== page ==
This study is not without limitations and the findings should be interpreted in the light of these. Participants were not a representative sample of New Zealand adults, and thus their views may not be generalisable, although care was taken to recruit a sample from a broad range of backgrounds. This could potentially limit the transferability of findings. Those who could not speak English were excluded from the study. These individuals are more likely to have different cultural backgrounds and they might have unique concerns and expectations regarding their health and medicine sharing, particularly as language and communication barriers are more likely to increase medicine sharing.
As the professional qualification of the interviewer was made known to all participants, and it is possible that such information could have potentially influenced participants’ responses. For example, some participants might believe that sharing medicines is not condoned by some health professionals and may not have wanted to disclose the nature of some of their sharing practices to the interviewer. To minimise the potential for such social desirability bias, all interviewees were informed of the general purpose of the research and the measures taken to ensure confidentiality of information. They were further informed that there was no right or wrong answer to any of the questions. This appeared to put participants at ease. In some interviews the interviewer was challenged by participants to give his opinion on topics such as the possibility of sharing medicines in some instances and legal issues related to medicine sharing. However, such opinions were not supplied, except in instances where further explanation was sought relating to the intention of the interview questions. The study authors are pharmacists, and despite acknowledging both the benefits and harms of this practice, this could have influenced the study design and data interpretation. However, attention was paid to providing balanced perspectives. Lastly, the fear of punishment from a previous ‘bad’ experience about medicine sharing may have exclude some individuals from participation.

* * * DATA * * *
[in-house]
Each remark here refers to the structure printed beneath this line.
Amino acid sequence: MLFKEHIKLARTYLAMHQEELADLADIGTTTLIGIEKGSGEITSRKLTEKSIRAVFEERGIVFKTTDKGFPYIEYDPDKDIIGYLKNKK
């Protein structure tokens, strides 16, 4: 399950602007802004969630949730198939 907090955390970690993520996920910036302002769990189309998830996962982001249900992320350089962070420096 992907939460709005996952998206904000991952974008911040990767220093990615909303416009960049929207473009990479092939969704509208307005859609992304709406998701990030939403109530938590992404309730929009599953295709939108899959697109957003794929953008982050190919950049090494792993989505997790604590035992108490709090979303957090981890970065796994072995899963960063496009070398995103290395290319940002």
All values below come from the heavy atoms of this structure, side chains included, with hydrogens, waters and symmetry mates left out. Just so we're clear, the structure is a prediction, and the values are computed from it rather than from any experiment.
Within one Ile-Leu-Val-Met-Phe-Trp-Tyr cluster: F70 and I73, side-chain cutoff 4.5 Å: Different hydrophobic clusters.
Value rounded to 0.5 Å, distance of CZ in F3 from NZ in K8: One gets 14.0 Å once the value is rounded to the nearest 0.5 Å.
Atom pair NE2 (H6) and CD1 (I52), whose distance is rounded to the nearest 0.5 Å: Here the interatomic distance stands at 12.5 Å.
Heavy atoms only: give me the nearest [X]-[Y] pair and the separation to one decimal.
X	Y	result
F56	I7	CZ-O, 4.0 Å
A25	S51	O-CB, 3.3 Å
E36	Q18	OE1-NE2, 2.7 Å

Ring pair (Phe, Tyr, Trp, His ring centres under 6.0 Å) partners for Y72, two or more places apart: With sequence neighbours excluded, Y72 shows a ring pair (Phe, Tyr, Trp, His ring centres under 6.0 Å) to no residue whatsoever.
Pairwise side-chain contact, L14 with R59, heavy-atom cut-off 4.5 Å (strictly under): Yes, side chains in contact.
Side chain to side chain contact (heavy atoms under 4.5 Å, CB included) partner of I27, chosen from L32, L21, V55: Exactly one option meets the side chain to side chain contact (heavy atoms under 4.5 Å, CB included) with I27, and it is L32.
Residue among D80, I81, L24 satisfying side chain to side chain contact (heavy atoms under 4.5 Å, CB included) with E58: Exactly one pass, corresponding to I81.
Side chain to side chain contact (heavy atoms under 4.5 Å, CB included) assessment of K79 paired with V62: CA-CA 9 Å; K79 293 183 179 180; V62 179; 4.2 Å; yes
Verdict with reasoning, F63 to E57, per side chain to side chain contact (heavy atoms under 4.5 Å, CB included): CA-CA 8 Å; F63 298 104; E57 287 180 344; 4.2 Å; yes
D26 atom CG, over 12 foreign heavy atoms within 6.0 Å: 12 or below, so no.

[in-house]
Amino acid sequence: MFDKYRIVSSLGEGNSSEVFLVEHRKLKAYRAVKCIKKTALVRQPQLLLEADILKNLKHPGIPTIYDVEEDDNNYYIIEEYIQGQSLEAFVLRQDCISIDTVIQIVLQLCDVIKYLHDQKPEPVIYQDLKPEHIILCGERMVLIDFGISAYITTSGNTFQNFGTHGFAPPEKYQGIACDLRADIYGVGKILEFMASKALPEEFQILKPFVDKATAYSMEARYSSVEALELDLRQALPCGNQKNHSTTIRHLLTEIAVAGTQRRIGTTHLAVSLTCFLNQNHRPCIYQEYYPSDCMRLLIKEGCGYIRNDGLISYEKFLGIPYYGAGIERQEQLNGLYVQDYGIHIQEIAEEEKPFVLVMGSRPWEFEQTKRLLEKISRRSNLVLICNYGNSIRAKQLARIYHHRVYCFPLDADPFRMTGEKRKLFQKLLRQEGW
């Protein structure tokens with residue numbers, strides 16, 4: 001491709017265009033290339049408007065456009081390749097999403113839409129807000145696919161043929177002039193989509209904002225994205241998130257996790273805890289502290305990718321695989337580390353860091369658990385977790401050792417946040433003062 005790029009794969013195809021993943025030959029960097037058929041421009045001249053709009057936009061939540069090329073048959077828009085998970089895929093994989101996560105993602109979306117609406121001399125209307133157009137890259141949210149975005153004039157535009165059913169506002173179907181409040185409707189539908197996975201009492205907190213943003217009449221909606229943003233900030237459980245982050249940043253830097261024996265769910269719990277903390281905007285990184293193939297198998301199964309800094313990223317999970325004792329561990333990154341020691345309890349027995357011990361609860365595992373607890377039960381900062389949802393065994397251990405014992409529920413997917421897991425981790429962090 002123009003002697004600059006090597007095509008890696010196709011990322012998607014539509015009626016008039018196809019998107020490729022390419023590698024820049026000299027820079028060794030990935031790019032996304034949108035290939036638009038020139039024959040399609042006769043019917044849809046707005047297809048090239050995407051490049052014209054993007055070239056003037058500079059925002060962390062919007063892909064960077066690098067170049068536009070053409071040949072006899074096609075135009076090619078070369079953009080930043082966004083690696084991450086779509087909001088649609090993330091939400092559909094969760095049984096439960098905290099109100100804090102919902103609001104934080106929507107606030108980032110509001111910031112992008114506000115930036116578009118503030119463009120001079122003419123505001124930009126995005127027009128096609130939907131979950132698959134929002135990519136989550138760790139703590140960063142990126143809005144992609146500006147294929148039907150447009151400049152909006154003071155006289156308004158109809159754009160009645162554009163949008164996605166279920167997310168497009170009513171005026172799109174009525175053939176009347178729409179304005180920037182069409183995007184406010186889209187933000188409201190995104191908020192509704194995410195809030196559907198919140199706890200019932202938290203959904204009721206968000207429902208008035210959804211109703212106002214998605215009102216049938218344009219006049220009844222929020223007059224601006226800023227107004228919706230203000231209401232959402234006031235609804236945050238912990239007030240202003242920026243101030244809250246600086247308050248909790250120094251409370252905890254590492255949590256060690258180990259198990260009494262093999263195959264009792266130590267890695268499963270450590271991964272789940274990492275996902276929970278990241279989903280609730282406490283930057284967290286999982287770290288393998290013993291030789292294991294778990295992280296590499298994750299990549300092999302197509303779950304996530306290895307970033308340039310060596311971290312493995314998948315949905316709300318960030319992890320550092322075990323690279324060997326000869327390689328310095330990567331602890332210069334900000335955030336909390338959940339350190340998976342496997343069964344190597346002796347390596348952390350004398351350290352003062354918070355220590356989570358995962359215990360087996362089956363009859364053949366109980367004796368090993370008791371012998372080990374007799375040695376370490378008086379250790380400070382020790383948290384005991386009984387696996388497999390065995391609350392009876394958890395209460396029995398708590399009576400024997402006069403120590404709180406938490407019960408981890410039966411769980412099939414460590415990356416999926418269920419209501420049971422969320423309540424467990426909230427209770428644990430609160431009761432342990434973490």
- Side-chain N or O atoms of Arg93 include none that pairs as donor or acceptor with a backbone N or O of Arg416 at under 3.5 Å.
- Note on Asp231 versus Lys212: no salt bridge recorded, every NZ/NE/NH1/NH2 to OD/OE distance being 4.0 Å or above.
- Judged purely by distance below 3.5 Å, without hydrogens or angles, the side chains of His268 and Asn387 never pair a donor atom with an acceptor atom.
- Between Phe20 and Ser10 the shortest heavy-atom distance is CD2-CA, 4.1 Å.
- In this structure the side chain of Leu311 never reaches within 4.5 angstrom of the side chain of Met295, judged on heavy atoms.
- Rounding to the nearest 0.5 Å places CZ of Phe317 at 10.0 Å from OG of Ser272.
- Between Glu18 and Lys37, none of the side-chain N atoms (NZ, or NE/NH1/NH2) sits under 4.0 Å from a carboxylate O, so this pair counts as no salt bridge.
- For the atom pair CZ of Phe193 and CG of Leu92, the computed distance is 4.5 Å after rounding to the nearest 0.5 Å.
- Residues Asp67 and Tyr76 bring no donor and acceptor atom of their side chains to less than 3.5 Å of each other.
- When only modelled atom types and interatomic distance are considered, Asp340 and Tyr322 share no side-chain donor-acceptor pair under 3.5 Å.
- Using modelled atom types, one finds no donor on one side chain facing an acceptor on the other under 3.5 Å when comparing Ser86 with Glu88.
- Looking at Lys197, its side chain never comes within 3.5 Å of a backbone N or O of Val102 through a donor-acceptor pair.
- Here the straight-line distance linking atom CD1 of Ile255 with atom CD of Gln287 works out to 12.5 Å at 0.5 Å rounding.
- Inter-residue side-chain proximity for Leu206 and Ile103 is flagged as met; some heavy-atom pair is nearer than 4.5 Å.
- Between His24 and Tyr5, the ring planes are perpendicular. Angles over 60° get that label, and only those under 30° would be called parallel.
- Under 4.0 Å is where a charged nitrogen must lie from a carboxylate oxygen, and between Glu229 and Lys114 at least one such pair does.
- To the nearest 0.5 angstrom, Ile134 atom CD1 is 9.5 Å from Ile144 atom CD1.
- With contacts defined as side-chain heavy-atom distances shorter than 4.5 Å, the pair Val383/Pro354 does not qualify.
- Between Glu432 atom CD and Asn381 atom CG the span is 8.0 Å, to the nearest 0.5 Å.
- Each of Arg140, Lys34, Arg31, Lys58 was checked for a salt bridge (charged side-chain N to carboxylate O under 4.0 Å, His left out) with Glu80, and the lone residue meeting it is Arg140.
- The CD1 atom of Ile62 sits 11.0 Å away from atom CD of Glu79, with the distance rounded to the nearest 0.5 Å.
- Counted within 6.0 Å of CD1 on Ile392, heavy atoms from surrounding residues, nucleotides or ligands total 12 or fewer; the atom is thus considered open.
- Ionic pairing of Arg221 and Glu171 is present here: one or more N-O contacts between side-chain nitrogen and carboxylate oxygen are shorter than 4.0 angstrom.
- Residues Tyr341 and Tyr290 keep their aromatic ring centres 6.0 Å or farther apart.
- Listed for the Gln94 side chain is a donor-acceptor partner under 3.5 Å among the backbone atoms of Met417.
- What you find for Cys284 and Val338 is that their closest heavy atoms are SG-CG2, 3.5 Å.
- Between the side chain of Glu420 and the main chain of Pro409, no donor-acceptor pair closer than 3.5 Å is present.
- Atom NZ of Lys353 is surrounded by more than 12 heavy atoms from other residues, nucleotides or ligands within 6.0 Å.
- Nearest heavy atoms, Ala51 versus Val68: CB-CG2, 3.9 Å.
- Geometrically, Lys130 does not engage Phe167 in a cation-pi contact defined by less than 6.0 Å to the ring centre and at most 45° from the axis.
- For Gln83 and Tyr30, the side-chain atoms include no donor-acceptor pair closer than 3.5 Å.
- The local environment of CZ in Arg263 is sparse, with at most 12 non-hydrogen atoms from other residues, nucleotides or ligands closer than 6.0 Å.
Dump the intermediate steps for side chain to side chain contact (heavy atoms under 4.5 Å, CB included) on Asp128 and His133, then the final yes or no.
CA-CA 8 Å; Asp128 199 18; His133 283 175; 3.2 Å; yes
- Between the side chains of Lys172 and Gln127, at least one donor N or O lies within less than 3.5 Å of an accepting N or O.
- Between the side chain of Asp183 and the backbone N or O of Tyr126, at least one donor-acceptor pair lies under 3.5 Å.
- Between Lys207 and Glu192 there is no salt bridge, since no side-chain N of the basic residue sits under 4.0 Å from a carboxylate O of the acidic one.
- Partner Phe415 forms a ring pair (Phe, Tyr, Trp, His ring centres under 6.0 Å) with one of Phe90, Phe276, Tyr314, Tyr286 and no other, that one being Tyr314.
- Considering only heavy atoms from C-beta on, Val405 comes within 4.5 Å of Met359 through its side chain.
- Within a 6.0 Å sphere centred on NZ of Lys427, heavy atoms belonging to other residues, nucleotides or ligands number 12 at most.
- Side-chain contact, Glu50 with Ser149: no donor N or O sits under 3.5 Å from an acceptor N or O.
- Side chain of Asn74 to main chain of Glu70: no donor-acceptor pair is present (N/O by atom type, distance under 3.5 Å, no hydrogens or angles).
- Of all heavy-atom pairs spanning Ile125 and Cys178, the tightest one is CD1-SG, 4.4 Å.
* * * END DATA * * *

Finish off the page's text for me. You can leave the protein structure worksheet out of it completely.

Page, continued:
Limitations aside, this study revealed that medicine sharing is a behaviour more complex than some previous quantitative studies suggest. Accordingly, the findings have important implications for healthcare providers who regularly engage in patient consultations about the safe use of medicines and for future research on medicine use behaviours. A cross-sectional survey among larger cohorts is currently being conducted by the authors to examine the extent to which each identified factor influences patients' medicine sharing decisions, and the relationships between these factors.
Generally, as noted by Shoemaker and Ramalho de Oliveria, understanding medicine use behaviours requires carefully analysis of patients’ perspectives and should not rely only on health professionals’ perspectives . Thus, taking into account how patients understand medicine sharing is critical in designing effective interventions to reduce harms from this practice.